SELECTING THE RIGHT GPS ASSET TRACKERSave time and money by selecting the right asset tracker
Asset Tracker Considerations
There are several things to consider when selecting an asset tracker thats right for you. Thinking through these factors will ensure you make the right choice. You will notice that price is not a consideration listed. When dealing with $250,000+ equipment or $10,000 utility carts, the price difference between a $200 GPS tracker and a $400 GPS tracker is irrelevant if you get what you need.
Obviously, the environment for tracking heavy equipment is quite harsh on electronics. At a minimum, you want an IP-67 rating (link to definitions). Asset trackers need to be weatherproof, dust proof and designed to handle the high vibration found on equipment. Few units are designed to withstand pressure washing from less than 3’. View GO Rugged
A common feature requested is a backup battery. A backup battery can play a key role but batteries have limitations ranging from a “last gasp” transmission to a reduced reporting profile so the battery can last longer if the main power is disconnected. There is a difference between battery types such as Li-ion verse NiMH batteries and whether the batteries are off the shelf or special order and very expensive. Get a clear understanding of the battery size and expected performance so you can make a good decision. View System
Ultimately the asset tracker you select has to deliver the data YOU need, not what the sales rep wants to sell you. Having a clear understanding of what is required from the data and what data you would like to have before you shop for an equipment tracking system will make your buying process more efficient.
It is important to keep the list of required data as short as possible. The more required data, the fewer your choices. If engine hours are required, almost any equipment tracker will work. If you need engine diagnostics codes from a CAT the choices are very limited and often expensive relative to less capable asset tracking systems.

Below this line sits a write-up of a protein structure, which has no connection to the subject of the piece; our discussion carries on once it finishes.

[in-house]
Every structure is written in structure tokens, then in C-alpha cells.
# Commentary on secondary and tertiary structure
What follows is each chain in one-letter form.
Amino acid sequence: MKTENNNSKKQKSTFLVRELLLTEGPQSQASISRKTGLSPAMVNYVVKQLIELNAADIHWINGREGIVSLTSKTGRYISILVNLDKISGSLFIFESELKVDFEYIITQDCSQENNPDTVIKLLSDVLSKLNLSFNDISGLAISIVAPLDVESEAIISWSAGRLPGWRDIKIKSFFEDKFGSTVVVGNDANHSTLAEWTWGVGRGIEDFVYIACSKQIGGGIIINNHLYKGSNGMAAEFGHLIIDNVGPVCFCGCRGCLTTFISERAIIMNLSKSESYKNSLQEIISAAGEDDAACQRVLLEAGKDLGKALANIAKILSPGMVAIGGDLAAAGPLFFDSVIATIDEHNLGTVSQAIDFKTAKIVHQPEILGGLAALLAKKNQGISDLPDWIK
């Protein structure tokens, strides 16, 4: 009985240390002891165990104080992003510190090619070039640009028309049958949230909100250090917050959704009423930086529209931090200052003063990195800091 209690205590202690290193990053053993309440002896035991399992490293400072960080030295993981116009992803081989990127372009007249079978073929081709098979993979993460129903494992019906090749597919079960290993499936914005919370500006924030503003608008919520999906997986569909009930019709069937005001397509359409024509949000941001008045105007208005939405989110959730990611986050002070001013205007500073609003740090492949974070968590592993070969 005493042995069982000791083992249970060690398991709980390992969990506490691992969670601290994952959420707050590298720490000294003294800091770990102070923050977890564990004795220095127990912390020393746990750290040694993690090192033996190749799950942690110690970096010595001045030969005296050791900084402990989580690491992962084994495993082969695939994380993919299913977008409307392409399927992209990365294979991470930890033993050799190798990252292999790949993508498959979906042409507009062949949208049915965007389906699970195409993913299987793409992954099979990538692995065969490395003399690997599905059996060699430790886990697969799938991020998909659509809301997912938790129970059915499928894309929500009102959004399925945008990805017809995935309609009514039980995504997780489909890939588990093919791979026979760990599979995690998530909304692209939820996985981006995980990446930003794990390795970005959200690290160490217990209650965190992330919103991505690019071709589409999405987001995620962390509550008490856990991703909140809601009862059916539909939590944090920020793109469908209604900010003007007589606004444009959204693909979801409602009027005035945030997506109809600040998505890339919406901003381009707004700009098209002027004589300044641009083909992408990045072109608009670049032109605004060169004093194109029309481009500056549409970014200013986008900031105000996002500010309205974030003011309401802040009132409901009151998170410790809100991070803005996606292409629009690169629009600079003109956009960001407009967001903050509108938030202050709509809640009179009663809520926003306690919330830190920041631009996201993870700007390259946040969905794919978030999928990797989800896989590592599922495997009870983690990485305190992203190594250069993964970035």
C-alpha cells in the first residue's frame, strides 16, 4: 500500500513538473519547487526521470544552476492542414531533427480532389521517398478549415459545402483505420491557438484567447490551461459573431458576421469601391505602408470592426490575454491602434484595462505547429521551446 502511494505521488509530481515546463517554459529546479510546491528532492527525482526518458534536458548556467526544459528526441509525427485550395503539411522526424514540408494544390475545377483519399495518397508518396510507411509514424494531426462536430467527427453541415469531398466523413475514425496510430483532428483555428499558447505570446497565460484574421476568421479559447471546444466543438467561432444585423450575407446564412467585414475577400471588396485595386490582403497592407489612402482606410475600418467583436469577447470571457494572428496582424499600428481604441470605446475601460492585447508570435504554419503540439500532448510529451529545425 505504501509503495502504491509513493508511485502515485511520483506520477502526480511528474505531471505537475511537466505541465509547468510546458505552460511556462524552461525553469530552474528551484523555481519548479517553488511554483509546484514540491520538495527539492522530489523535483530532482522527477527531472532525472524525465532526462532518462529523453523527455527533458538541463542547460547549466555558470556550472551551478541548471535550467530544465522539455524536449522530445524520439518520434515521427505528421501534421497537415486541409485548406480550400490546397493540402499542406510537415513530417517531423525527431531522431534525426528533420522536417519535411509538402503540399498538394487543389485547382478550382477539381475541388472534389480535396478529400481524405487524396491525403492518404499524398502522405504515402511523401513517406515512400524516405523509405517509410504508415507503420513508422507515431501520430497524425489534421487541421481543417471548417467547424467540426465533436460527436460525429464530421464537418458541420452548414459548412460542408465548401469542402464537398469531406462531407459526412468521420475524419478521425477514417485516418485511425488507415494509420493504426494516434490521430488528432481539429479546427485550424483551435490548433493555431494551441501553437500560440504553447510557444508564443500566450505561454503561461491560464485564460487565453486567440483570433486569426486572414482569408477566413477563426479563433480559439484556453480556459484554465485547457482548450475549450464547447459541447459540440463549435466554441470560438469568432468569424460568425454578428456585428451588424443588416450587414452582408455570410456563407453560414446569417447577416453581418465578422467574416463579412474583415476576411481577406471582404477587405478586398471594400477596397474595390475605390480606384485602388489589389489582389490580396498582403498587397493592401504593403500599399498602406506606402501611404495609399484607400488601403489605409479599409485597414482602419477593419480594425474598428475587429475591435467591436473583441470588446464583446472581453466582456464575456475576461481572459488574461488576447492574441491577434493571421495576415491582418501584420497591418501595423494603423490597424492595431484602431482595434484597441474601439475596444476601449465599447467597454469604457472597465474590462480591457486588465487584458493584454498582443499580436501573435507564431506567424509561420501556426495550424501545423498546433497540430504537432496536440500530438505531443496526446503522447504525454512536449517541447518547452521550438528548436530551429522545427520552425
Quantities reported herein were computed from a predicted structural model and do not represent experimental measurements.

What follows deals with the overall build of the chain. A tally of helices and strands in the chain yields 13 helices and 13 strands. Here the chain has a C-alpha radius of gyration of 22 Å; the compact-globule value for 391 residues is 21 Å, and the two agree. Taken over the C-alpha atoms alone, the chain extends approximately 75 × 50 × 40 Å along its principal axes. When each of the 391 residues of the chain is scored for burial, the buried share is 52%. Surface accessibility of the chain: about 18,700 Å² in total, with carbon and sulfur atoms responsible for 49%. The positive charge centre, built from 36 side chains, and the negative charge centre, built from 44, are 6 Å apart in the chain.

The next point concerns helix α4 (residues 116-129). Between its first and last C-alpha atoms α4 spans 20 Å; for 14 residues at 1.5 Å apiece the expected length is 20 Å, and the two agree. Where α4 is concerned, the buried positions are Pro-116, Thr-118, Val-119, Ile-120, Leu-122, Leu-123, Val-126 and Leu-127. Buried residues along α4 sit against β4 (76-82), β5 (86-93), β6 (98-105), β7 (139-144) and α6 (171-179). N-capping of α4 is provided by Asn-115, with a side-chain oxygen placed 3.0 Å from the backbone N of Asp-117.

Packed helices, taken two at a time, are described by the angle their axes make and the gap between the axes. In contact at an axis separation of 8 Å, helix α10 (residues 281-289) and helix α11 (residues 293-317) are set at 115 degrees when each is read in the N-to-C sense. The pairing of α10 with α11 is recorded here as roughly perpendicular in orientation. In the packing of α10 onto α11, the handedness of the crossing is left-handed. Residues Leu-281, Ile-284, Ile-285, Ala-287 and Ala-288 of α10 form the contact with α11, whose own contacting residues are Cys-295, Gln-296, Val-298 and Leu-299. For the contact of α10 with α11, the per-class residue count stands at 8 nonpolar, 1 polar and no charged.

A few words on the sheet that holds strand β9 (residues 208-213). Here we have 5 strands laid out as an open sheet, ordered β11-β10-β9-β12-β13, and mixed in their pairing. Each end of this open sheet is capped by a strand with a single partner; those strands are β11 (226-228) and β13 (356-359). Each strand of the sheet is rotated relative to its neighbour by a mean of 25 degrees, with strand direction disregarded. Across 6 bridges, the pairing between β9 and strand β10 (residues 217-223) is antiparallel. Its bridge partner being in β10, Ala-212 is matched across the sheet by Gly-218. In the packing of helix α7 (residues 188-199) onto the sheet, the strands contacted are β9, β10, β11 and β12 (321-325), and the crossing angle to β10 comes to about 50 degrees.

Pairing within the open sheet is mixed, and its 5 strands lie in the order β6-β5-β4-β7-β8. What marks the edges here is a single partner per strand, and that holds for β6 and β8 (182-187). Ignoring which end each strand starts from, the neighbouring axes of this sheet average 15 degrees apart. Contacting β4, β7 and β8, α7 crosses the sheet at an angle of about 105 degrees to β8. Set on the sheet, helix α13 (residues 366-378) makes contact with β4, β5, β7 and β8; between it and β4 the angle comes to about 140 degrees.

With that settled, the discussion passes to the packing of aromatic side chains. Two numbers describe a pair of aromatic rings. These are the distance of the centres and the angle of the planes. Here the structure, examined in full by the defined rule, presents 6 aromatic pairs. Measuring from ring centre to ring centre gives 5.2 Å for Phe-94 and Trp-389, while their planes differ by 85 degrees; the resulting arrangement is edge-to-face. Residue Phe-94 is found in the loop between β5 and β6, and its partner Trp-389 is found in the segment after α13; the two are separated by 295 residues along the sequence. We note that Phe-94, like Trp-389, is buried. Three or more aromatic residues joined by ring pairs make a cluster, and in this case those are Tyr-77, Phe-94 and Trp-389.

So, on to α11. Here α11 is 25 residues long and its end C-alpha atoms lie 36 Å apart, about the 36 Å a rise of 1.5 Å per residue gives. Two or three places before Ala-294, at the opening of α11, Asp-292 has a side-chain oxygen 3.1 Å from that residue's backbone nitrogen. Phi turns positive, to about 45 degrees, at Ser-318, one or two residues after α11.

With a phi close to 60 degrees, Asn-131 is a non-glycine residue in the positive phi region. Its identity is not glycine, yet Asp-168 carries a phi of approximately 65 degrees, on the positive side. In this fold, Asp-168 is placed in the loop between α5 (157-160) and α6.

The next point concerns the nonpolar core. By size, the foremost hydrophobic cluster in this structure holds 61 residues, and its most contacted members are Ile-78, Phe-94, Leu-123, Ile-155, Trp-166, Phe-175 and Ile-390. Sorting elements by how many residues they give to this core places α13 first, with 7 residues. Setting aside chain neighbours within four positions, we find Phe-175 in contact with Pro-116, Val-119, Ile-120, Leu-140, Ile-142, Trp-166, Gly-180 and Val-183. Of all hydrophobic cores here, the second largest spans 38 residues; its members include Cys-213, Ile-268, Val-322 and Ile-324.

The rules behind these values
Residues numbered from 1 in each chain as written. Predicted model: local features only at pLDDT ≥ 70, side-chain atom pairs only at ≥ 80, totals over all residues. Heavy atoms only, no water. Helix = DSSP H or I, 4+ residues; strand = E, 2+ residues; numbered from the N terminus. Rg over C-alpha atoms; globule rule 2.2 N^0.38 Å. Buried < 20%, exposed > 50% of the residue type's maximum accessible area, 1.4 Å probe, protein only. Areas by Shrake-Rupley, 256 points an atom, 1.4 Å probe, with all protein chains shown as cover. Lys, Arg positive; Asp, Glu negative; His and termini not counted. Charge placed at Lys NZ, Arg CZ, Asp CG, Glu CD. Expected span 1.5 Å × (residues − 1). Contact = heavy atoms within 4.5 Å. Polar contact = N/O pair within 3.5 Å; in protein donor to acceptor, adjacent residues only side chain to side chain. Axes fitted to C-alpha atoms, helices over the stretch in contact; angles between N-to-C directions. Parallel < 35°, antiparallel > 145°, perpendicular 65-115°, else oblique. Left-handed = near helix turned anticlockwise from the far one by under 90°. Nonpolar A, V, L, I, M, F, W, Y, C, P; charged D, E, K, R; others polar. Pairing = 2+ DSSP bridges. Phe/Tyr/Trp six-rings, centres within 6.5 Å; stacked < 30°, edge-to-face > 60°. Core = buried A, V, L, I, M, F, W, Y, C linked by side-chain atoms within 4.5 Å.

Equipment tracking might be part of a bigger fleet management program. Therefore, the data provided by the equipment tracker may need to look like vehicle tracking data and be in the same interface. A system like the GO System enables fleet managers to see similar data, in the same interface and set the same alerts and reports. This convenience saves time in more complex fleet environments. If the requirements are simple and static, an independent system which is lower in cost might do the trick.
Sample Asset Tracker Requirements:
- IP-67 rated for durability
- Backup battery to aid in theft recovery but capable of wired connection
- Location data to indicated productivity and aid in theft recovery
- GPS position every 10 minutes when in motion to indicate productivity
- GPS position every 24 hours when ignition is off for inventory & field service
- Tow alert – movement without ignition, indicating theft
- Zone violation alert between 8pm and 6am Monday – Sunday
- Engine hours for routine maintenance and tracking billable hours
Installing Asset Trackers
Installing an asset tracker or equipment tracker can be a challenge or as simple as slapping it on the top, depending on your intended use. The type of material and angle have a lot to do with getting good GPS location information. GPS trackers have a directional antenna and facing the antenna toward the ground or putting up against the metal frame will degrade the GPS signal. For instance, putting the GPS unit in the engine compartment is often not going to work.
As an anti-theft device, you would want to place it in a location that is not obvious. The challenge is that where you want to hide it, it may not get a GPS signal. GPS signals are blocked by metal so be sure to test the location before putting everything back together. One idea is to put the GPS device in the light housing. Customers have purchase amber light housings on eBay for $20 and hid the GPS inside.
Put the GPS system in a location where it is not likely to get pressure washed. The driver isn’t going to know or pay attention to the IP-67 limitation of not pressure washing from less than 3’. The driver might “accidentally” wash it from 1’ forcing water into the unit which will not be covered by warranty.
Protect the connections by soldering the connections and then putting heat shrink tubing over the connections. Ideally, the connections are out of the “line of fire” of pressure washing. You may need to build a shield or put the unit and connections behind something to protect it.
If have a need to track heavy equipment (yellow iron), skid steers, ATV, utility carts, trailers, train cars, cargo containers, generators, boats, motorcycles or just about anything, contact Fleetistics. With 16+ years of asset and vehicle tracking experience, Fleetistics provides a complete line of solutions to meet your needs. 855-300-0527 or www.fleetistics.com.